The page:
When it comes out in July 2022, the “superphone” will also have a service called “Open Pay” that lets users move money between the MTN, Moov, Orange, and Wave (the well-known penguin) networks.

“In terms of functionality, the super phone has nothing to envy to an iPhone or any other Asian or European brand. Our features even exceed those of the brands that are more prominent in the mobile phone market. From the point of view of solving an African problem, this telephone is more suitable for all types of needs,” Capo-Chichi said.

The president of Cerco says that thousands of the phones, which cost the local equivalent of $50 to $60, have been sold in the area. African communities abroad are also increasingly adopting them. To increase distribution, Cerco has partnered with the French telecom company Orange.

“We have a strategic partnership with the Orange Group to export the superphone to more than 14 countries, and we have several other companies that call on us, so for us, it is important to manufacture more,” Capo-Chichi said.

“The factory has a capacity of 4,000 units per day, and today we are working mainly on export. But we will soon set up other production units in the Democratic Republic of the Congo, Egypt, and other nations to meet the growing market,” he added.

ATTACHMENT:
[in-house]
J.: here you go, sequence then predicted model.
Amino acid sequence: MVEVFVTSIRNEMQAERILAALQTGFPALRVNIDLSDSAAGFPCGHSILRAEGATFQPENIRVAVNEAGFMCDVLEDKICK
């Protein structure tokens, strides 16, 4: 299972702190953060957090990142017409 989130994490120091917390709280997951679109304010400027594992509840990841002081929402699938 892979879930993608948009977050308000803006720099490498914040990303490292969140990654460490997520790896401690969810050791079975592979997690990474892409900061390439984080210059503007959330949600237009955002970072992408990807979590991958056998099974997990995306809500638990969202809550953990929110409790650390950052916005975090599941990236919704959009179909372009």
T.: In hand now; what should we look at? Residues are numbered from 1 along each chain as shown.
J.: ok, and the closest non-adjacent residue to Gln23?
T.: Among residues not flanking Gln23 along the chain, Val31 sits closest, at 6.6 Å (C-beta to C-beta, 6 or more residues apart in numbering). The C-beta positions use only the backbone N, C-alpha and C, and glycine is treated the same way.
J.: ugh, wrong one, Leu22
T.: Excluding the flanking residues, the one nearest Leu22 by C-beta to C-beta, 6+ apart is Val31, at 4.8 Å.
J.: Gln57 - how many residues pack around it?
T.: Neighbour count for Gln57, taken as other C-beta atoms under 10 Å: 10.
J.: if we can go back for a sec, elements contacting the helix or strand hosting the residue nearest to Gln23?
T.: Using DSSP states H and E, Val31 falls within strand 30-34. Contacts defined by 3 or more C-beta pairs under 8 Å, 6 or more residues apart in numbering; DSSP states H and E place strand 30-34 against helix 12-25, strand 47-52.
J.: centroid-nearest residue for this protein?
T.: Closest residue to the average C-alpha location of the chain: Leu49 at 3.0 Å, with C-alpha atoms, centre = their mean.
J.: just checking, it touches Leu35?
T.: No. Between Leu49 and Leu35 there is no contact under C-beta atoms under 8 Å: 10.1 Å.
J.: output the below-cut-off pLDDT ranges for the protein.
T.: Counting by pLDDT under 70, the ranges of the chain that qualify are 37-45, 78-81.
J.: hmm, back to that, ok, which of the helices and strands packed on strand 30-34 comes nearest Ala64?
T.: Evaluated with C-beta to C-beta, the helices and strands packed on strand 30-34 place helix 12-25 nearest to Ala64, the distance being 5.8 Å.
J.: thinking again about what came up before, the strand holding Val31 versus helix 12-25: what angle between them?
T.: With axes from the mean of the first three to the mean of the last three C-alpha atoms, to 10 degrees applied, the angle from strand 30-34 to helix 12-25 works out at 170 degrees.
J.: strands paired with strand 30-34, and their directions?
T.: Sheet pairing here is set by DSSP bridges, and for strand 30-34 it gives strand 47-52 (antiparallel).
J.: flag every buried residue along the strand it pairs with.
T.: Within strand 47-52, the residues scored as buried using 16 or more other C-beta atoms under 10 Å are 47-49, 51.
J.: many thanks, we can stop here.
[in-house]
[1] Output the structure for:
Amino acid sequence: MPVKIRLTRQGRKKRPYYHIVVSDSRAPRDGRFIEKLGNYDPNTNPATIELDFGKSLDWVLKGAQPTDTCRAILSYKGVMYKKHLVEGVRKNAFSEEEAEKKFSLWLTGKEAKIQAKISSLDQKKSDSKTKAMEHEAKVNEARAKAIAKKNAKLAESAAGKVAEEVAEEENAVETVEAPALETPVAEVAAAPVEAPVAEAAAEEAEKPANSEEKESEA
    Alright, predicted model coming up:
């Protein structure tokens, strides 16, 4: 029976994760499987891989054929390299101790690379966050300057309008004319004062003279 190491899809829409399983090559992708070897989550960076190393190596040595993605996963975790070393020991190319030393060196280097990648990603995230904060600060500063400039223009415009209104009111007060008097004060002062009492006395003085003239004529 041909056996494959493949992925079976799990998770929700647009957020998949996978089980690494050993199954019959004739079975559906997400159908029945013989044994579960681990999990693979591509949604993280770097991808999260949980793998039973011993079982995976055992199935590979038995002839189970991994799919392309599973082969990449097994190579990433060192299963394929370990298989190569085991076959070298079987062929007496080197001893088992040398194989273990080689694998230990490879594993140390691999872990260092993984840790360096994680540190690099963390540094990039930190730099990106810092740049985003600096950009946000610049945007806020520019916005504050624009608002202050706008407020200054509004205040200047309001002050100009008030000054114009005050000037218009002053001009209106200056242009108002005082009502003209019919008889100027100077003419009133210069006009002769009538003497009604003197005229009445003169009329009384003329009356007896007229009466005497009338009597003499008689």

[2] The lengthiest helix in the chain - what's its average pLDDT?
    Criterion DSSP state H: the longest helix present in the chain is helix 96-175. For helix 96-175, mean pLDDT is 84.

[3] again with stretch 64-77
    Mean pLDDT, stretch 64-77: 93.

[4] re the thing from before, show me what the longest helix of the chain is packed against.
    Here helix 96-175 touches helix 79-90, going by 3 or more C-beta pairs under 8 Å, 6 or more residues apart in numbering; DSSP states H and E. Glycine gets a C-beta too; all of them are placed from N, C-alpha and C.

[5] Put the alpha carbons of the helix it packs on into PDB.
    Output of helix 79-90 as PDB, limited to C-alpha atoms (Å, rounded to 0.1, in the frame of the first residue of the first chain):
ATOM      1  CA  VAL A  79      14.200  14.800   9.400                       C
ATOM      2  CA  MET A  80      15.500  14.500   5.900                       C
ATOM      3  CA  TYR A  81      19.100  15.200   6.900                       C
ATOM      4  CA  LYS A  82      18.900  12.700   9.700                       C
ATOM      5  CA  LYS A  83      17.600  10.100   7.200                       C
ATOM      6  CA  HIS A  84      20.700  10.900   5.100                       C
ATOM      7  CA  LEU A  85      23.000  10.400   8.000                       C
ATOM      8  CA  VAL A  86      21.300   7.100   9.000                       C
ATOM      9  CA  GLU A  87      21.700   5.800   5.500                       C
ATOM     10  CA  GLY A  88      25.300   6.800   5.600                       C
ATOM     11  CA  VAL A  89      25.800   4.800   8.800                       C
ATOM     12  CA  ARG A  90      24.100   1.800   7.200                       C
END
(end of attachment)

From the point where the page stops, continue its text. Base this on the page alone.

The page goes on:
The business owner said that he thinks the phone’s many features and low price will make it popular all over the region. The OpenG is less expensive than many of its competitors because it is made in the United States and gets tax breaks and helps from the government.

“Government support has been critical. The state has created an industrial free zone in the city of Grand-Bassam and the state has accompanied our project to set up the 100% African assembly line which today produces 4,000 units daily,” the 44-year-old said.

Capo-Chichi is now making plans to add more languages to the device to meet the needs of other groups whose languages still need to be added.

“You will soon have more than 1,000 languages within a year, so we have called on several communities to support us in order to be able to develop the super phone,” he said.

The Cerco factory has in the past been a partner of Microsoft and Intel in assembling computers, but its operations are now entirely devoted to the “super phone.”

“The first team begins assembling the parts, followed by the software installation team, and then the testers. Then we move on to mass production, followed by packaging and, finally, shipping,” explained Siriki Ouattara, communication and marketing manager.

Other companies investing in the voice-operation field in Africa include software studio Mobobi, which created Abena AI, a hands-free voice assistant for Ghanaian languages, while Mozilla Common Voice is developing a voice assistant that can speak Kiswahili.

bird is Africa No Filter (ANF)'s story agency designed to shift narratives about and in Africa, away from dangerous stereotypes.